Alpha-blockers are rapidly effective in improving flow and symptoms, regardless of prostate size. However, they have little or no effect on progression of the disorder and there is no firm evidence to suggest that they protect against urinary retention. Hypertension can also be treated with some alpha-blockers, such as doxazosin.

Patients prescribed alpha-blockers should be warned that they may cause tiredness, dizziness and nasal stuffiness, but these side-effects tend to diminish over time. Tamsulosin may cause retrograde ejaculation, but this is reversible on cessation of the medication.5

In contrast, 5-alpha-reductase inhibitors (5ARIs) work more effectively in larger prostates (>30ml) and in men with higher PSA levels (>1.4ng/ml). Both finasteride and dutasteride cause erectile dysfunction and loss of libido in 3-5% of patients and gynaecomastia in around 1% of cases.

The MTOPS study and the recent CombAT study have confirmed that a combination of an alpha-blocker and a 5ARI produces the best outcomes in terms of reducing symptoms, improving flow rate and lowering the risk of disease progression. However, this therapy increases the risk of side-effects.6

Currently, the use of PDE5 inhibitors to treat LUTS caused by BPH is being investigated. However, there is no firm evidence that these drugs are effective for this indication and they should not be used off licence at present.

Trials to evaluate the use of anticholinergic agents to treat the secondary overactive bladder component of BPH have generally been disappointing. These drugs may provoke AUR as a result of the negative effect on detrusor contractility.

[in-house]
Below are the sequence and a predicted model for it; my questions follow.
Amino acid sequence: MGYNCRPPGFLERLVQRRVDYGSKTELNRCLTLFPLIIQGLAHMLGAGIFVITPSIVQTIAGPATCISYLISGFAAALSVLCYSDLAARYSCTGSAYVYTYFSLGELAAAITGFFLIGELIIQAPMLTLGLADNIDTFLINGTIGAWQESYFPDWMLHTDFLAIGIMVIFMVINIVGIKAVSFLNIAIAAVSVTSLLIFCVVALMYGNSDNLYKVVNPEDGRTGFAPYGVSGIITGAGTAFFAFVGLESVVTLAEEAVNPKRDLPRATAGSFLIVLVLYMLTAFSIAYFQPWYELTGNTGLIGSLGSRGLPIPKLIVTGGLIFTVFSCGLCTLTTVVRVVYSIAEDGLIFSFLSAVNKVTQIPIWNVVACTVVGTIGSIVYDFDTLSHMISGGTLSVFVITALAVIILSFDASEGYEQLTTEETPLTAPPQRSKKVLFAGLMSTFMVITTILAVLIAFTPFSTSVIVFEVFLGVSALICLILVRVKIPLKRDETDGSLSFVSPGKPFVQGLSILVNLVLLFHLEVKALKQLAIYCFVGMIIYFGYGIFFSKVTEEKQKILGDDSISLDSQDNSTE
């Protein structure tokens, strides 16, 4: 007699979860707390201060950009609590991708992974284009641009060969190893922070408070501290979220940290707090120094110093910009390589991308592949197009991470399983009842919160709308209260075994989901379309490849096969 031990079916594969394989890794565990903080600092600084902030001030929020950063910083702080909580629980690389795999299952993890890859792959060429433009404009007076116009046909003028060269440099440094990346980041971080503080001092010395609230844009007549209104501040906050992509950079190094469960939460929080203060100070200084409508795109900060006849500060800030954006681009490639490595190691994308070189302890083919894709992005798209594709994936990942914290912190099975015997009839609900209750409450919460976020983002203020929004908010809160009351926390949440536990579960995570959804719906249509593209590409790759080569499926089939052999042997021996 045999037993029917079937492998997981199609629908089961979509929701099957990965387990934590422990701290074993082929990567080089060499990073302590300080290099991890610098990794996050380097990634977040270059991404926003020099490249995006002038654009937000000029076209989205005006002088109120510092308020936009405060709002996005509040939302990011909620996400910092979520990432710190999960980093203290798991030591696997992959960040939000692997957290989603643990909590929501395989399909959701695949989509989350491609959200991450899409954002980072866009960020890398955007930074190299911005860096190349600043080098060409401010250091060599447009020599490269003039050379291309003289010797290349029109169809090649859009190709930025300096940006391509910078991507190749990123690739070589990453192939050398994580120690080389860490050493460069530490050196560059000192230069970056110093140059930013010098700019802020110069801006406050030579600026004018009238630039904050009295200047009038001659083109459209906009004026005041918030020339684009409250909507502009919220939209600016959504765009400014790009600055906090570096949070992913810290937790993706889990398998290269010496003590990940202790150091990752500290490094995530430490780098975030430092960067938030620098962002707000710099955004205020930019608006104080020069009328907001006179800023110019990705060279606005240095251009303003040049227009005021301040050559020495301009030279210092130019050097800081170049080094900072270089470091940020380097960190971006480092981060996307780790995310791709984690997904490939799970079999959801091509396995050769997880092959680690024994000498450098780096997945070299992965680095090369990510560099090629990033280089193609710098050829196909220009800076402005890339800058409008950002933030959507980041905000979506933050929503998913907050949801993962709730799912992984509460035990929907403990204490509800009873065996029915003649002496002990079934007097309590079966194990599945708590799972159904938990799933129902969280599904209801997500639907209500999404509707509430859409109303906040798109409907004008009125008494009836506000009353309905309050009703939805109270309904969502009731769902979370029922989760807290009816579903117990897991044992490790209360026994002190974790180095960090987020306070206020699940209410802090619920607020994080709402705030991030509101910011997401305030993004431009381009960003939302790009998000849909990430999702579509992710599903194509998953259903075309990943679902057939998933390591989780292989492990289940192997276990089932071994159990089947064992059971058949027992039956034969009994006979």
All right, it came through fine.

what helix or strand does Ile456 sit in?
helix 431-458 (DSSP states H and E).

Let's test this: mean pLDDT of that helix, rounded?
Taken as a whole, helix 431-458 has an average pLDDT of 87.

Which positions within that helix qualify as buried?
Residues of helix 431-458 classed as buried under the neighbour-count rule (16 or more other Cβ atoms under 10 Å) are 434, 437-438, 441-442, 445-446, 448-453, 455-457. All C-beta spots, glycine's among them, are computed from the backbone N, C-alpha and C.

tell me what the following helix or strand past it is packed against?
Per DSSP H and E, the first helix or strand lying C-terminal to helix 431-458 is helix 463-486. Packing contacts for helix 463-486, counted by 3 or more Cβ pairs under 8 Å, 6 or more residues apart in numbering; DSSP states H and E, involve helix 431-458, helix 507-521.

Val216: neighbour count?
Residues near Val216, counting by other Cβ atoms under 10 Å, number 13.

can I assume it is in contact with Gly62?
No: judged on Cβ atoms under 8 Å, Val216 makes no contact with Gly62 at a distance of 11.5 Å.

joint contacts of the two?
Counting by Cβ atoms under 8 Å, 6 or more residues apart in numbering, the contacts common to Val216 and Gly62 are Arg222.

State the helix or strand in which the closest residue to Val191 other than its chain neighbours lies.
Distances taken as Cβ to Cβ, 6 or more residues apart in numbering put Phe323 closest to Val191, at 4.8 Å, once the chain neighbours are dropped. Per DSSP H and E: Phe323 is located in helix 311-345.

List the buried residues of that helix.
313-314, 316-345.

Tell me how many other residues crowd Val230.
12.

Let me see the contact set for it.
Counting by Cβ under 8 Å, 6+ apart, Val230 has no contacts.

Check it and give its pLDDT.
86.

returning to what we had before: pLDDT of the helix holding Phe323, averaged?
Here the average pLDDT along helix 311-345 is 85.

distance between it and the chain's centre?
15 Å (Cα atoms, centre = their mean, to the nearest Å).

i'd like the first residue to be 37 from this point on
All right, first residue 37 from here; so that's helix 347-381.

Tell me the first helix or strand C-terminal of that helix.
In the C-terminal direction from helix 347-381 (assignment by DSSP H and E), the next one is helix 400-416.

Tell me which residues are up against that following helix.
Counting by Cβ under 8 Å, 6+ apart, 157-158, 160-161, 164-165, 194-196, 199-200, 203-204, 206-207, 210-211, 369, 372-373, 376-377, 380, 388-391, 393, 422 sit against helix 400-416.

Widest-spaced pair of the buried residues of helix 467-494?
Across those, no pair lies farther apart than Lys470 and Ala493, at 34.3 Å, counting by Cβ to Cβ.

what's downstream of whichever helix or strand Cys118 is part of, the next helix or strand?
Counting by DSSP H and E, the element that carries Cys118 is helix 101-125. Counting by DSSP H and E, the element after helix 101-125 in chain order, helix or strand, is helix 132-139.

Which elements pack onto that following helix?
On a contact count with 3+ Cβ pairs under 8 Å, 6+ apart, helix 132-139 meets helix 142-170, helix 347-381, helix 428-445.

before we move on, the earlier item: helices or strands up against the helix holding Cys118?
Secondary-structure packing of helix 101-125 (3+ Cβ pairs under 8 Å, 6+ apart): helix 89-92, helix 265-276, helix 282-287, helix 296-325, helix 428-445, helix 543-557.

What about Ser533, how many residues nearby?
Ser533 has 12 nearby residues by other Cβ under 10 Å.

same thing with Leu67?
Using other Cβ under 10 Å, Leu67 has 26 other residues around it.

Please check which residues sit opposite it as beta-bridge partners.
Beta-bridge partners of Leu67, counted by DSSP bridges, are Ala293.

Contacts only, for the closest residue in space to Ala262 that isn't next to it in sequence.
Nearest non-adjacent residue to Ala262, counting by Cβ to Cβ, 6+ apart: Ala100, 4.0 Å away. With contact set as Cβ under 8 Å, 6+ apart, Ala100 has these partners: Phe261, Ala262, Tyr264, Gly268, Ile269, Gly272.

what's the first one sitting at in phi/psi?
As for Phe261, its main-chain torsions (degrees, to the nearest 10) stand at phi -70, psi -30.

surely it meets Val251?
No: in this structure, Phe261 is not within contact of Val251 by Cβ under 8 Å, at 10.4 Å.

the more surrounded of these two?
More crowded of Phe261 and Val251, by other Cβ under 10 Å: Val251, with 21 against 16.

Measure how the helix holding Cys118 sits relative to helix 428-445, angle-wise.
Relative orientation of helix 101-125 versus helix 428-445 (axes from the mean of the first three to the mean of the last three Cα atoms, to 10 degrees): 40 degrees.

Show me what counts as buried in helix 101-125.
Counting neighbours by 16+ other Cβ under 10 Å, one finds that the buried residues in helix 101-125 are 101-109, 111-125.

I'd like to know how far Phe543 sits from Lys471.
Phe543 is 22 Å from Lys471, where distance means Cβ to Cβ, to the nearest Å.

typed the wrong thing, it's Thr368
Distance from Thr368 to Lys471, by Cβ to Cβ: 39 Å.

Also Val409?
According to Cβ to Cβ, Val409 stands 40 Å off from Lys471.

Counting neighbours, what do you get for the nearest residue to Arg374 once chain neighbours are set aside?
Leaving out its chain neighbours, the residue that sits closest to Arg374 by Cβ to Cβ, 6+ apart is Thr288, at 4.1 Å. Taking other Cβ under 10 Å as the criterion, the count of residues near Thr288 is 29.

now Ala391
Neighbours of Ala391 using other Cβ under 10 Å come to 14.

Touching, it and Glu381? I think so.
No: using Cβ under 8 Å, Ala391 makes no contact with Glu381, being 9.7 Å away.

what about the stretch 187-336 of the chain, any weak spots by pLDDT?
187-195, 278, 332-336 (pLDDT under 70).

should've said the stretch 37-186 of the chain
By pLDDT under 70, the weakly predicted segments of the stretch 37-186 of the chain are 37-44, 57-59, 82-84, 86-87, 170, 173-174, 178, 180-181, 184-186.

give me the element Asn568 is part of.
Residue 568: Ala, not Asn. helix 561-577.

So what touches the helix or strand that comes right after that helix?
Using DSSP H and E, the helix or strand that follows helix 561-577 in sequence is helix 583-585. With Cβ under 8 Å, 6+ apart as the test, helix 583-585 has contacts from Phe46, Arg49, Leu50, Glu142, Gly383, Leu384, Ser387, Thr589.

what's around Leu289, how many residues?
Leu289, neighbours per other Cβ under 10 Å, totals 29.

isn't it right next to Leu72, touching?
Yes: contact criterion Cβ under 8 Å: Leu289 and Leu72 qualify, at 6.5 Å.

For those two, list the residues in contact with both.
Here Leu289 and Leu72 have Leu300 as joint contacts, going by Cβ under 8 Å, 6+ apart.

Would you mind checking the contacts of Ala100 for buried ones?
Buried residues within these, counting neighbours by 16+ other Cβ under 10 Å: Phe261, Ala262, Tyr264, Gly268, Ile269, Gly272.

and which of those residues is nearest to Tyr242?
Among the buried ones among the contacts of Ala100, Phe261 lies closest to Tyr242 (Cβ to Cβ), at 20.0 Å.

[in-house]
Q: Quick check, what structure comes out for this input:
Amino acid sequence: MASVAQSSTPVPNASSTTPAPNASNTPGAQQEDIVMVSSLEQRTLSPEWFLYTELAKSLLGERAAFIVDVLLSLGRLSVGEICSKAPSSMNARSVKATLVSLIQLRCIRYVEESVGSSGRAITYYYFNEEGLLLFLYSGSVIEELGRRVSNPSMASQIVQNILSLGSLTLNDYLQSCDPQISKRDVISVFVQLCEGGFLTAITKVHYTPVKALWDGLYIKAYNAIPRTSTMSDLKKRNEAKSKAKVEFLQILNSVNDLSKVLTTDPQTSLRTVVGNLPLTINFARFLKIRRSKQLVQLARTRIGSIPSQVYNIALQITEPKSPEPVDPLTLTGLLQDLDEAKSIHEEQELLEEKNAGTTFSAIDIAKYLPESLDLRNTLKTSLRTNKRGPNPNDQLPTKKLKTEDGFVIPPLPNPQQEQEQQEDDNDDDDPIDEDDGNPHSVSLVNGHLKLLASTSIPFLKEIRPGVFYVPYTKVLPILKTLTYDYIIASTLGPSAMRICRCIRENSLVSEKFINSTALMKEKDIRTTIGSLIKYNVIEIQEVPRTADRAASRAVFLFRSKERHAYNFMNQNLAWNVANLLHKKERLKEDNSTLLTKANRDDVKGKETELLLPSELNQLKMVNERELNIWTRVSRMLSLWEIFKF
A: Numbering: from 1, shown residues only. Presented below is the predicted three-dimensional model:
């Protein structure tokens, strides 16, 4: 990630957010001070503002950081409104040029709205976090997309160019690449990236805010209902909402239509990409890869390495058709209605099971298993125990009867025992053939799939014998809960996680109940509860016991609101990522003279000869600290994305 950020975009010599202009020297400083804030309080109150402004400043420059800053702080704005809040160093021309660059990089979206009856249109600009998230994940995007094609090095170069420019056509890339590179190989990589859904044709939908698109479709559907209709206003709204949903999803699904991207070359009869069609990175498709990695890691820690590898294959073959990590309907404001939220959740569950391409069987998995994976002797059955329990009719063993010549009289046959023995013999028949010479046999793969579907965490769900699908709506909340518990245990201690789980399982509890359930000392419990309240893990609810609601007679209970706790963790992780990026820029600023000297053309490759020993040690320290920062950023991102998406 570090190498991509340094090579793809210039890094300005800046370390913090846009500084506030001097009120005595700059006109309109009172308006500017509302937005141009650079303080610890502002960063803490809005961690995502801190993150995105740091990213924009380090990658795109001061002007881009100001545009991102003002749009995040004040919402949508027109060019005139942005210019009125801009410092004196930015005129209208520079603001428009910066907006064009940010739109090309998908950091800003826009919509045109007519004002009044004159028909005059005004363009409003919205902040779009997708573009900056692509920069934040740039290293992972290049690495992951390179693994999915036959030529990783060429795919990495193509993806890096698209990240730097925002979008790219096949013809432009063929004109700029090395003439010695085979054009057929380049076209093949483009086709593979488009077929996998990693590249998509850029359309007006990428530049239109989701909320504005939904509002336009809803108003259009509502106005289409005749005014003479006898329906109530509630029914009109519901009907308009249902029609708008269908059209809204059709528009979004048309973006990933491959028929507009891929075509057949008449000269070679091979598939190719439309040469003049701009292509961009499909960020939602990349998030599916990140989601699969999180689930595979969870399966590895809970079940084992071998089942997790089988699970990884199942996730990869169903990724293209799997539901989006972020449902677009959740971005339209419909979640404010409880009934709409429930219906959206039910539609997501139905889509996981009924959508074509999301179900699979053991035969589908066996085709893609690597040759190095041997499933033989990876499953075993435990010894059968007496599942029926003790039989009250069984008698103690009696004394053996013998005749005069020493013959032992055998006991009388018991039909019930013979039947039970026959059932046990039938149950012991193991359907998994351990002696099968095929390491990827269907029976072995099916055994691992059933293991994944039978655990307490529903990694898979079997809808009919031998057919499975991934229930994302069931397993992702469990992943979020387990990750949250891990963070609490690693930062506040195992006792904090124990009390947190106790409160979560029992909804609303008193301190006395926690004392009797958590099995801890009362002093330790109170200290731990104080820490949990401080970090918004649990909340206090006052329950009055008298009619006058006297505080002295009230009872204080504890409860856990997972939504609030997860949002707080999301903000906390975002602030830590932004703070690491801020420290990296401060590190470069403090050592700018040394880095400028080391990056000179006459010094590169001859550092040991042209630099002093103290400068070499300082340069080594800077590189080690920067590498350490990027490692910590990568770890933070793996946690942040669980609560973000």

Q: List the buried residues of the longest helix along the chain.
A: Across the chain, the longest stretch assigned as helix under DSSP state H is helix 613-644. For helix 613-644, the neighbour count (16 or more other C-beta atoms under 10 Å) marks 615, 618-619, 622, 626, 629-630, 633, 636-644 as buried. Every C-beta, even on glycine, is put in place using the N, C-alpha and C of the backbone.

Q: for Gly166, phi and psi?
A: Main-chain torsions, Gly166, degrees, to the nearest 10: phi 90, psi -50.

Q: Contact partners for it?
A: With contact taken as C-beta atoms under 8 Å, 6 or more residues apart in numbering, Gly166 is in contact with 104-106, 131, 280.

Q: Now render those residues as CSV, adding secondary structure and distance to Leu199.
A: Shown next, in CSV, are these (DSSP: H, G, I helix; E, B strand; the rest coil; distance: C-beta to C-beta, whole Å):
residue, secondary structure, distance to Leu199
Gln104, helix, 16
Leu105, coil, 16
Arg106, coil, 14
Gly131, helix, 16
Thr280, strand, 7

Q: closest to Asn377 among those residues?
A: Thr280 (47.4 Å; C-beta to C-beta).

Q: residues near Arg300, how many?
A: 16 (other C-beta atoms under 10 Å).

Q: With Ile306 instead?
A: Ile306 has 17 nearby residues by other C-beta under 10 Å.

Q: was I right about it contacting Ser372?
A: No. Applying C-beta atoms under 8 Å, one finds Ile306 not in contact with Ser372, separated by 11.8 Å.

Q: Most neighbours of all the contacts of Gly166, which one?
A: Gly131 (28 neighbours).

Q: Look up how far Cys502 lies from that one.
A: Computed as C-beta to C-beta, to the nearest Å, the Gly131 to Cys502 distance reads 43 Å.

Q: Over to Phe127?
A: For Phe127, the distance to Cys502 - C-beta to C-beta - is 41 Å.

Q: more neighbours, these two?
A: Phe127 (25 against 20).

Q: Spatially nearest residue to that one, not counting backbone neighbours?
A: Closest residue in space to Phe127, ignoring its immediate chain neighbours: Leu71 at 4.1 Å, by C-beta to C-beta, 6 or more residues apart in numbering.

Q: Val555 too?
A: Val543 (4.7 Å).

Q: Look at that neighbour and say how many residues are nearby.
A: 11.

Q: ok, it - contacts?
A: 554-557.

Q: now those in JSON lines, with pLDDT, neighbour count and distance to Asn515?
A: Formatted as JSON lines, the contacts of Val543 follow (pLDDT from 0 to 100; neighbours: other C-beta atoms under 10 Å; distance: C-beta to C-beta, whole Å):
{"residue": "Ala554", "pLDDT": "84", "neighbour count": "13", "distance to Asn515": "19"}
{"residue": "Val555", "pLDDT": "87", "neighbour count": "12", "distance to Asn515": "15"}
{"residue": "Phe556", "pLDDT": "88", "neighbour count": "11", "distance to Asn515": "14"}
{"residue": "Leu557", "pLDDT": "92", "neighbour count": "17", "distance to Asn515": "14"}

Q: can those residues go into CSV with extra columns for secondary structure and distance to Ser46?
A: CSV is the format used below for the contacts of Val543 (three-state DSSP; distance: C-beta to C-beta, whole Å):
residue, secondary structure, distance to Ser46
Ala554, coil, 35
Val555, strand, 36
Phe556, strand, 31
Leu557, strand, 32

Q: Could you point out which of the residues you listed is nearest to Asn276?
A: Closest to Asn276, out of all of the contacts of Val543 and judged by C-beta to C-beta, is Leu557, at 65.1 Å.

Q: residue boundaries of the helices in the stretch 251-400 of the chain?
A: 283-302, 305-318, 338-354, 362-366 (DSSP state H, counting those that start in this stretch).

Minimally invasive surgery

Minimally invasive therapies for obstructive BPH have come and gone over the past two decades.

Balloon dilatation of the prostate has fallen into complete abeyance, in part because it is no more effective than cystoscopy alone.

Microwave therapies probably have some therapeutic benefit but are not widely popular.

More recently, laser ablation of the prostate, initially by side-firing laser and now by GreenLight7 or holmium laser technologies, has been advocated. However, there is not yet enough evidence to determine whether these approaches will eventually replace TURP.

Some researchers have injected botulinum toxin into the prostate with reportedly good effect, but randomised clinical trials are required to corroborate their findings.

Transurethral resection

The removal of the enlarged transition zone results in improved flow and more effective bladder emptying. Secondary symptoms such as urgency, frequency and nocturia take longer to settle but disappear within a few months.

The thought of undergoing TURP surgery is often a source of trepidation for patients. However, modern refinements, including state-of-the-art digital camera systems that allow significant magnification and better haemostasis, mean that uniformly good outcomes can be achieved with only a few days' stay in hospital.

Comorbid conditions, such as angina or cardiac failure, will increase the risks of surgery.

Side-effects include retrograde ejaculation, which occurs in more than 80% of patients. This is permanent but not too troublesome, provided that the patient has been counselled about this preoperatively.

There are no changes in diet that are helpful in BPH and no clear evidence that plant extracts, such as pumpkin seeds, are beneficial. However, lifestyle changes such as restricting fluids, especially beer in the evening, may reduce symptoms of frequency and nocturia.

It seems unlikely that the next twenty years will see as many changes in the diagnosis and management of BPH as the past two decades. The natural history of the disorder has been clarified, its investigation formalised and first-line treatment has changed from surgery to drug therapy. The race is now on to develop a technology that will genuinely replace TURP; only time will tell whether this goal will ever be achieved.

Useful information

Prostate UK provides information for patients and GPs on all prostate conditions, including BPH

UK Prostate Link is a site that provides links to information for patients, their partners and healthcare professionals

Key points Figure 1: Alogrithm for the management of patients with lower urinary tract symptoms (LUTS) Table 1: International prostate symptom score (IPSS)